tax

With the debates over, the presidential candidates on their last, gasping try to grasp those elusive Electoral College votes in Iowa, Colorado, Nevada, Virginia, Wisconsin, New Hampshire, or Ohio needed to put them over the top, and the polls to open in less than 48 hours, it is a bit late to be offering strategic advice to Barack Obama – advice that by all indications he would have ignored – but he could have done much worse than to cloak himself in Adam Smith’s mantle. Yes, the same Adam Smith whose profile adorns the neckties of more than a few Wall Street bankers and right wing think-tankers.

The thing is, the Adam Smith Mitt Romney and Paul Ryan and their followers claim to revere bears scant resemblance to the real Adam Smith, friend of Enlightenment philosopher David Hume and author not only of An Inquiry Into the Nature and Causes of the Wealth of Nations but also of The Theory of Moral Sentiments, which predated The Wealth of Nations by more than 15 years. “I think Adam Smith was right,” said Romney in a January debate, “and I’m going to stand and defend capitalism across this country, throughout the campaign.” In a subsequent speech at the University of Chicago, Romney proclaimed, “When the dead hand of government replaces the invisible hand of the market, economic freedom is the inevitable victim.”

Paul Ryan, better known for his enthusiasm for Ayn Rand, has also paid homage to Smith. In the introduction to his Roadmap for America’s Future: A Plan to Solve America’s Long Term Fiscal and Economic Crisis, he writes: “The Founders…understood the importance and value of free enterprise. In addition to the Declaration of Independence, the year 1776 saw the publication of Adam Smith’s treatise The Wealth of Nations, which argued in part that the ‘system of natural liberty,’ or free markets in commerce, would vastly increase national wealth.” This, at least, is empirically true, and no less than Karl Marx recognized it as such. But just as the Devil can quote scripture, so has the extreme right wing of the Republican Party (one can legitimately ask whether, today, any other wing even exists) appropriated Adam Smith as its own, by quoting his works selectively and out of context.

Adam Smith, it must be remembered, was not merely an economist but a moral philosopher, concerned not simply with economic efficiency but with social justice. As such, he wrote at length and with great eloquence about the obligations that bind us together as a society, and also about the need for free markets to be regulated. He was also a radical, mistrustful of inherited wealth and position and scathing as to the inflated self-regard of the wealthy.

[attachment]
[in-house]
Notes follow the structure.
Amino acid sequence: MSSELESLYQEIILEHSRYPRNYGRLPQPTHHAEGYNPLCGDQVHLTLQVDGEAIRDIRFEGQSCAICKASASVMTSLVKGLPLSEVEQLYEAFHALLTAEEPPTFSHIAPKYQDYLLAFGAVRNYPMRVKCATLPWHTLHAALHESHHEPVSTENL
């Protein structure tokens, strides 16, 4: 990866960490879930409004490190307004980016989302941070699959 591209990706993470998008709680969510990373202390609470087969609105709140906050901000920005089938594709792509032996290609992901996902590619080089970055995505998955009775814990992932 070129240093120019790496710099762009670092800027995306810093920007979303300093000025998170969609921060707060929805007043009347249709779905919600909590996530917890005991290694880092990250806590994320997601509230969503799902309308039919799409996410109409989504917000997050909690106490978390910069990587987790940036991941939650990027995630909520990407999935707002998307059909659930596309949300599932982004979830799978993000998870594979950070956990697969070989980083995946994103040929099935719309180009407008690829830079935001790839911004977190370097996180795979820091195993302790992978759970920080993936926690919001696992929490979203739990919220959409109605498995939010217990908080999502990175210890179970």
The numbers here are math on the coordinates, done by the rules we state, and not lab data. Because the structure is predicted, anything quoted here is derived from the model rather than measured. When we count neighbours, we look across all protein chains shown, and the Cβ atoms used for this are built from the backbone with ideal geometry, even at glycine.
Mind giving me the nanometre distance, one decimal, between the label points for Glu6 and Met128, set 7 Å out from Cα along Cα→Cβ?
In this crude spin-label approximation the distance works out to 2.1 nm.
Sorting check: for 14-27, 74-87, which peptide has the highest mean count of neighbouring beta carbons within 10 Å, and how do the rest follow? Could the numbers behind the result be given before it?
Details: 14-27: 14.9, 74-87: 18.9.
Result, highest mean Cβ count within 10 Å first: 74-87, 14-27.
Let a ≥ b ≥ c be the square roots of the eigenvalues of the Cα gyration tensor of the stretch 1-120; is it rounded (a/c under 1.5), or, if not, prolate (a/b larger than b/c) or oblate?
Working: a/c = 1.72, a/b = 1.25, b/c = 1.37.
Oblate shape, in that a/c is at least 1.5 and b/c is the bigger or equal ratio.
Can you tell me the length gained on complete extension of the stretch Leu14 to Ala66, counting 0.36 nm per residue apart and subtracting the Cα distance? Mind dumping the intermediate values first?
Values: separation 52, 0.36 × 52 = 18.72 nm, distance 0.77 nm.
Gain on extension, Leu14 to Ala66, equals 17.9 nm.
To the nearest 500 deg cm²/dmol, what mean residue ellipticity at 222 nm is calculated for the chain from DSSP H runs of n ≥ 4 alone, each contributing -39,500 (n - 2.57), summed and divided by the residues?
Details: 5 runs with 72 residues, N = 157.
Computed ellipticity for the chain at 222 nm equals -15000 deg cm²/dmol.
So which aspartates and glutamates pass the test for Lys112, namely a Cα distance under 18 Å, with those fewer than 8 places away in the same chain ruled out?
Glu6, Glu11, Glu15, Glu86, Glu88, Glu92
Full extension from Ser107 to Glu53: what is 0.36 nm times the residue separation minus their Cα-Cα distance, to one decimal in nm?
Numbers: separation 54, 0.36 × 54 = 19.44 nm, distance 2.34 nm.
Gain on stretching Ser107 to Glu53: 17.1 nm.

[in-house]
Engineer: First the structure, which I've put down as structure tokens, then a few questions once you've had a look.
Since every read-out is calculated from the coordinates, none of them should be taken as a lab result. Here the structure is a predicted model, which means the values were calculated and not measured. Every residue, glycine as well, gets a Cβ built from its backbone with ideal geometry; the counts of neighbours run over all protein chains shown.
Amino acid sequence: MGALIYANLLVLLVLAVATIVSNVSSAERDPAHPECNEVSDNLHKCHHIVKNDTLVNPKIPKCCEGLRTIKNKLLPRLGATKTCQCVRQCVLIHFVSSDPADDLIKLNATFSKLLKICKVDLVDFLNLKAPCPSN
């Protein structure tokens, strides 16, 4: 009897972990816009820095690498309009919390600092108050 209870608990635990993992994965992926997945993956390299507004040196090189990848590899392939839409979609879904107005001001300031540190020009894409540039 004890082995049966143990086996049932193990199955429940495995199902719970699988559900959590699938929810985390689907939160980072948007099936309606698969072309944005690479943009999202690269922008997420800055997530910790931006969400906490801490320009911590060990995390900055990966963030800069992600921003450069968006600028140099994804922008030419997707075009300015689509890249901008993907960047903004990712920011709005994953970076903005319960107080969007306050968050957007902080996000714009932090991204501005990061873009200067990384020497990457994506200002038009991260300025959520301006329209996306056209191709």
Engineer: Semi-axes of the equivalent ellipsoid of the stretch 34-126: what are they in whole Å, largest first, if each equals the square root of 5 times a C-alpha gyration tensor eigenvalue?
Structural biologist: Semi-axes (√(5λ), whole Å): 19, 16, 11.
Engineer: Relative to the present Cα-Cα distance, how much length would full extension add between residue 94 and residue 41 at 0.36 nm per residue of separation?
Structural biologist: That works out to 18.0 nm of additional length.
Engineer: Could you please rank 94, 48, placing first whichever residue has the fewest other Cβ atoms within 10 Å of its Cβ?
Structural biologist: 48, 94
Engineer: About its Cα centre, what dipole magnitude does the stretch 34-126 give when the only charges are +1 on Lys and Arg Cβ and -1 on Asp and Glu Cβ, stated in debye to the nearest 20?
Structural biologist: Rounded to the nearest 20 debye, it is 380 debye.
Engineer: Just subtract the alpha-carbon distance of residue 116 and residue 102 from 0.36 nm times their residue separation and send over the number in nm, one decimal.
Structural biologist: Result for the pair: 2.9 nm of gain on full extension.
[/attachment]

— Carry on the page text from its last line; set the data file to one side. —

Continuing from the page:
Hedge-fund manager Leon Cooperman, in an open letter he sent to President Obama in late 2011, wrote of himself and his fellow billionaires, “As a group we employ many millions of taxpaying people, pay their salaries, provide them with healthcare coverage, start new companies, found new industries, create new products, fill store shelves at Christmas, and keep the wheels of commerce and progress (and indeed of government, by generating the income whose taxation funds it) moving. To frame the debate as one of rich-and-entitled versus poor-and-dispossessed is to both miss the point and further inflame an already incendiary environment.” One suspects Mr. Cooperman would have received scant sympathy from Adam Smith, who writes, in The Theory of Moral Sentiments, “This disposition to admire, and almost to worship, the rich and the powerful, and to despise, or, at least, to neglect persons of poor and meand condition…is…the great and most universal cause of the corruption of our moral sentiments…. It is scarce agreeable to good morals, and even to good language, perhaps, to say, that mere wealth and greatness, abstracted from merit and virtue, deserve our respect.”

We can’t know what Adam Smith would have thought of any specific social welfare programs such as Medicaid or unemployment benefits any more than we can know which baseball team God roots for (though I’m pretty sure it’s the Red Sox). But Smith was no advocate of abandoning the less fortunate to their fate. As he wrote in Book 1 of The Wealth of Nations, “Servants, labourers and workmen of different kinds, make up the far greater part of every great political society. But what improves the circumstances of the greater part can never be regarded as an inconveniency to the whole. No society can surely be flourishing and happy, of which the far greater part of the members are poor and miserable. It is but equity, besides, that they who feed, cloath and lodge the whole body of the people, should have such a share of the produce of their own labour as to be themselves tolerably well fed, cloathed and lodged.”

Mitt Romney, who by all accounts gives 15% of his income to the Mormon Church and devotes a substantial amount of his time to helping co-religionists who have fallen on hard times, may think private charity from church and community is an adequate social safety net, but Adam Smith would almost certainly disagree. As he wrote in The Theory of Moral Sentiments, “The wise and virtuous man is at all times willing that his own private interest should be sacrificed to the public interest of his own particular order or society. He is at all times willing, too, that the interest of this order or society should be sacrificed to the greater interest of the state or sovereignty, of which it is only a subordinate part. He should, therefore, be equally willing that all those inferior interests should be sacrificed to the greater interest of the universe, to the interest of that great society of all sensible and intelligent beings, of which God himself is the immediate administrator and director.”